One of the biggest stories in retailing for the past year has been the resurgence of Walmart’s flagship U.S. division.

Walmart, U.S. division, Walmart U.S., Retail Partnership Award, Duncan Mac Naughton, Walmart Canada, Kraft Foods Inc., H-E-B, Albertsons Inc., John Aden, John Agwunobi, Andy Barron, Scott Huff, Pam Kohn, Stephen Quinn, Jack Sinclair

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Inside This Issue - News

First MMR Retail Partnership Award goes to Walmart

January 14th, 2013

BENTONVILLE, Ark. – One of the biggest stories in retailing for the past year has been the resurgence of Walmart’s flagship U.S. division.

A major factor in the segment’s rebound has been the success of a sound merchandising strategy supported by an aggressive and innovative marketing approach.

Merchandising and marketing in Walmart U.S. is now a blend of the old and new, a combination of innovation with the retailer’s time-tested everyday-low pricing (EDLP). Much of the groundwork, or foundation, of Walmart’s merchandising success, though, lies in a renewed focus on supplier collaboration.

That collaborative focus is multifaceted, encompassing sourcing, logistics and new ways to share and use data to plan together.

In recognition of the importance that Walmart U.S. has placed on this facet of its business, MMR has given its first-ever Retail Partnership Award to the merchandising and marketing team headed by Duncan Mac Naughton, executive vice president and chief merchandising and marketing officer of Walmart U.S.

When Mac Naughton joined the company in 2009 as chief merchandising officer of Walmart Canada, he brought more than 25 years of experience in the consumer-packaged goods and retail businesses. He had most recently served as EVP of merchandising and marketing for Supervalu Inc., but his resume also includes leadership roles at Kraft Foods Inc., H-E-B and Albertsons Inc.

In 2010, Mac Naughton joined the Walmart U.S. team as executive vice president of merchandising, and today he exercises responsibility for all aspects of merchandising as well as ­marketing.

The team that Mac Naughton leads, and which is being recognized in this feature, includes: John Aden, EVP of general merchandise; John Agwunobi, senior vice president of health and wellness; Andy Barron, EVP of softlines; Scott Huff, SVP of consumables; Pam Kohn, EVP of merchandise services; Stephen Quinn, EVP and chief marketing officer; and Jack Sinclair, EVP of food. Together, they have brought a new energy and focus that promises to make Walmart U.S. an even more formidable competitor.

Mac Naughton speaks of Walmart U.S.’s merchandising priorities in terms of five P’s: the traditional four P’s of price, product, place and promotion, supplemented by people. Supplier collaboration is part of the people equation.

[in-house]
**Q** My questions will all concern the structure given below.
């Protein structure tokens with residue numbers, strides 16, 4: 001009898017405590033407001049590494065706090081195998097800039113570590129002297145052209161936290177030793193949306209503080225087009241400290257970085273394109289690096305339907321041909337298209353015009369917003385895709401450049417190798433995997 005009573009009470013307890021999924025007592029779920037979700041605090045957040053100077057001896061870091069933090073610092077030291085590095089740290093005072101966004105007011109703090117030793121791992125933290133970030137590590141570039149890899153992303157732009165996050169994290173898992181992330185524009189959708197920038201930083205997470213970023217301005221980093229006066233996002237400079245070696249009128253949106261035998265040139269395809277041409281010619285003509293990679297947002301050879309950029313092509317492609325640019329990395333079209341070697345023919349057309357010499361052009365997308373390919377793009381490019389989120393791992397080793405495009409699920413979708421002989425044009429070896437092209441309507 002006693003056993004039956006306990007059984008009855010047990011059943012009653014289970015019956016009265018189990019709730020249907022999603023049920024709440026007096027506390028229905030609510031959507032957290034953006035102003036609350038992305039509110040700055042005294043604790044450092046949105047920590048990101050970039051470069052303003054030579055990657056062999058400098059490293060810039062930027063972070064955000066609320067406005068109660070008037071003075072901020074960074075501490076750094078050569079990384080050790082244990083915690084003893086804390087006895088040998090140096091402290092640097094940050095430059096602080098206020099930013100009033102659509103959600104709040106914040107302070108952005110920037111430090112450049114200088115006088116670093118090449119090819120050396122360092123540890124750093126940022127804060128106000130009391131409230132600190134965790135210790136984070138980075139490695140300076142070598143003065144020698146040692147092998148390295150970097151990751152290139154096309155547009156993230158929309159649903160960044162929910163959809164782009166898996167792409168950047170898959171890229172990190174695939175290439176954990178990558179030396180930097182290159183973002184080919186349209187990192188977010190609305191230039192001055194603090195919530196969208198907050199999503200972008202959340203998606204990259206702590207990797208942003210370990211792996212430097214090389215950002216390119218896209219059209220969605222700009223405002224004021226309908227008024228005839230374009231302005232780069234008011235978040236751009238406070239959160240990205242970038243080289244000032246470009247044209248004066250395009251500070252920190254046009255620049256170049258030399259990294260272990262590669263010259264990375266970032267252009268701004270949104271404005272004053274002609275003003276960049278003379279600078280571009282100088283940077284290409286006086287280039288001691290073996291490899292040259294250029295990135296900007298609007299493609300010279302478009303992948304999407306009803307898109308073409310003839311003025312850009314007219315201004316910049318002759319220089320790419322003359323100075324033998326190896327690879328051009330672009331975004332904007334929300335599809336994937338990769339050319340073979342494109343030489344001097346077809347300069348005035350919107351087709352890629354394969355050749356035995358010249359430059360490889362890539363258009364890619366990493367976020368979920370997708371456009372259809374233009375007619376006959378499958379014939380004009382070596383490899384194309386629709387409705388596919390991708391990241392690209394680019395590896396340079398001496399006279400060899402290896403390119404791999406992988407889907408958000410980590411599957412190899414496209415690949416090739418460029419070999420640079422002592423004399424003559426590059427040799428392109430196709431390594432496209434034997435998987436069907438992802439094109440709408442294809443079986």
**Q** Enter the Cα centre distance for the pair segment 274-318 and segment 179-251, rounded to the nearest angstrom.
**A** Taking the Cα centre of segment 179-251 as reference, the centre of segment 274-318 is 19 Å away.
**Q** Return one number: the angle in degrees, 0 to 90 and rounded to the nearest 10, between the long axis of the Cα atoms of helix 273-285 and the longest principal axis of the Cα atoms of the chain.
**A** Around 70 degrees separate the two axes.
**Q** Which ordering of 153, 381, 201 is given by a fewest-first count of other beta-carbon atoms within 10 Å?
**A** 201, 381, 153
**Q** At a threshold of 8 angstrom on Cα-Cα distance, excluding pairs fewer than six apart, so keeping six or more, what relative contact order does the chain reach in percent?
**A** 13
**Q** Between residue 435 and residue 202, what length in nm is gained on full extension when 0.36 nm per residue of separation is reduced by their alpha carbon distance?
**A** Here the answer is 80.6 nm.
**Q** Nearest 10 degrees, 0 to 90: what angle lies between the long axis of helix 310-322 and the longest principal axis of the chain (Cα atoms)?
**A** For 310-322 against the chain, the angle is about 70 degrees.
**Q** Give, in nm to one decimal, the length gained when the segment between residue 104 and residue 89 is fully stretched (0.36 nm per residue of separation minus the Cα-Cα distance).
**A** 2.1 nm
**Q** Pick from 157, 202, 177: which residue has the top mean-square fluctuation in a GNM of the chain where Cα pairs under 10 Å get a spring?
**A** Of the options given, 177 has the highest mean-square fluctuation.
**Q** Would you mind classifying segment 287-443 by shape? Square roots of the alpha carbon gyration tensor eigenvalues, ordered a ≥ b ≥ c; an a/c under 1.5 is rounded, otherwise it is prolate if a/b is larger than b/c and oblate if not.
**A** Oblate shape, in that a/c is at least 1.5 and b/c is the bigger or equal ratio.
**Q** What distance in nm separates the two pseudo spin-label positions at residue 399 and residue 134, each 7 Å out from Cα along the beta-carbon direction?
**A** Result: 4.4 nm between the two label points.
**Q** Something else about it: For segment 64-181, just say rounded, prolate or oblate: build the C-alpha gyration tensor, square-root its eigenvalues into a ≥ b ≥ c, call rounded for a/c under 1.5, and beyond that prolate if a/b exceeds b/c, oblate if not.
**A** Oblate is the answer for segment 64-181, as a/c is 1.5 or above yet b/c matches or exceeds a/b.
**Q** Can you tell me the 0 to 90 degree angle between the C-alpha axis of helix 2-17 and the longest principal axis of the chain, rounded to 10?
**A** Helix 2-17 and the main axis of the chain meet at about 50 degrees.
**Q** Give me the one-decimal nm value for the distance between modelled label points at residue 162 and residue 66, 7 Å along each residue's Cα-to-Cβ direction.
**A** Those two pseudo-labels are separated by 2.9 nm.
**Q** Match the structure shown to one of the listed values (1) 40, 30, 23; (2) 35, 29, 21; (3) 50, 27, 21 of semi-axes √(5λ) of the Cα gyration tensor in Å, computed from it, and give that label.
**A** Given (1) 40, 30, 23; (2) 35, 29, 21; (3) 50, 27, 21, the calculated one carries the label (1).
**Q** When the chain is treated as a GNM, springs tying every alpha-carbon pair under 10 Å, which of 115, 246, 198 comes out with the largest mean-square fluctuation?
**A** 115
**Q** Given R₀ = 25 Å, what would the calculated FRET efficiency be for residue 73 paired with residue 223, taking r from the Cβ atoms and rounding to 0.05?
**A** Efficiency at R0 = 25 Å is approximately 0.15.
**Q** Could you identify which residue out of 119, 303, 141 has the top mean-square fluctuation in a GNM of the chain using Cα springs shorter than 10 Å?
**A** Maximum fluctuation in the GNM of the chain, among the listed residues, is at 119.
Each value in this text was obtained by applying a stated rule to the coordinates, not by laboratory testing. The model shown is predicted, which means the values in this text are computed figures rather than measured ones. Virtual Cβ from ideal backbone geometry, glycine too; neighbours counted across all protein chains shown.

At the core of the retailer’s approach to supplier collaboration is a process initiated in 2010: joint business planning sessions.

"That is really about setting mutual growth targets with our big suppliers where we can make a difference in a category for our customers," Mac Naughton explained at an investors conference in April. "It’s about sharing our resources, having a transparent dialogue so we can share our strategy and they share their strategy."

Walmart for years has set the standard in sharing data with suppliers through its now-legendary Retail Link program. But that was limited to Walmart’s internal data. This year the company took an important step by re-engaging with Nielsen to obtain external data rich in competitive insights.

That data, Mac Naughton pointed out, serves as a guidepost as to where and how much the retailer should invest to either accelerate growth or improve share.

"Meaningful, meaningful data here," he said during the company’s Analyst Conference in October. "Market-by-market, category-by-category, brand-by-brand, product-by-product. We’re diving deep into what products sell for ...Where do we need to be priced? It’s changed the game for our customer, and it’s changing the way we talk to our suppliers."

Once Walmart achieves its goals of price leadership and price separation versus competitors, it is communicating its price leadership with an aggressive "local basket campaign" that emphasizes the price separation between Walmart and its local competitors.

"It’s local; it’s customer-centric; it’s real-time," Mac Naughton said. "And it is driving the customer. In these markets, we’re up 1% in comp sales and 1% in traffic."

He added that since launching the campaign in 31 markets, Walmart has driven up its market share 30 basis points above the chain average.

While pricing and promotions are at the heart of any merchandising strategy, Walmart looks for more from its suppliers, particularly in the areas of innovation and exclusivity.

"We work very closely with our suppliers to make this come to life," said Mac Naughton. "We want to be the destination for new. That drives loyalty, it drives consistency, and it also will drive better long-term share in a category."

Walmart seeks local relevance by engaging with local suppliers to provide favorite products. Whereas in prior years, the merchants had to travel to the stores to discover such opportunities, now they can leverage the Nielsen market data to identify them much more quickly.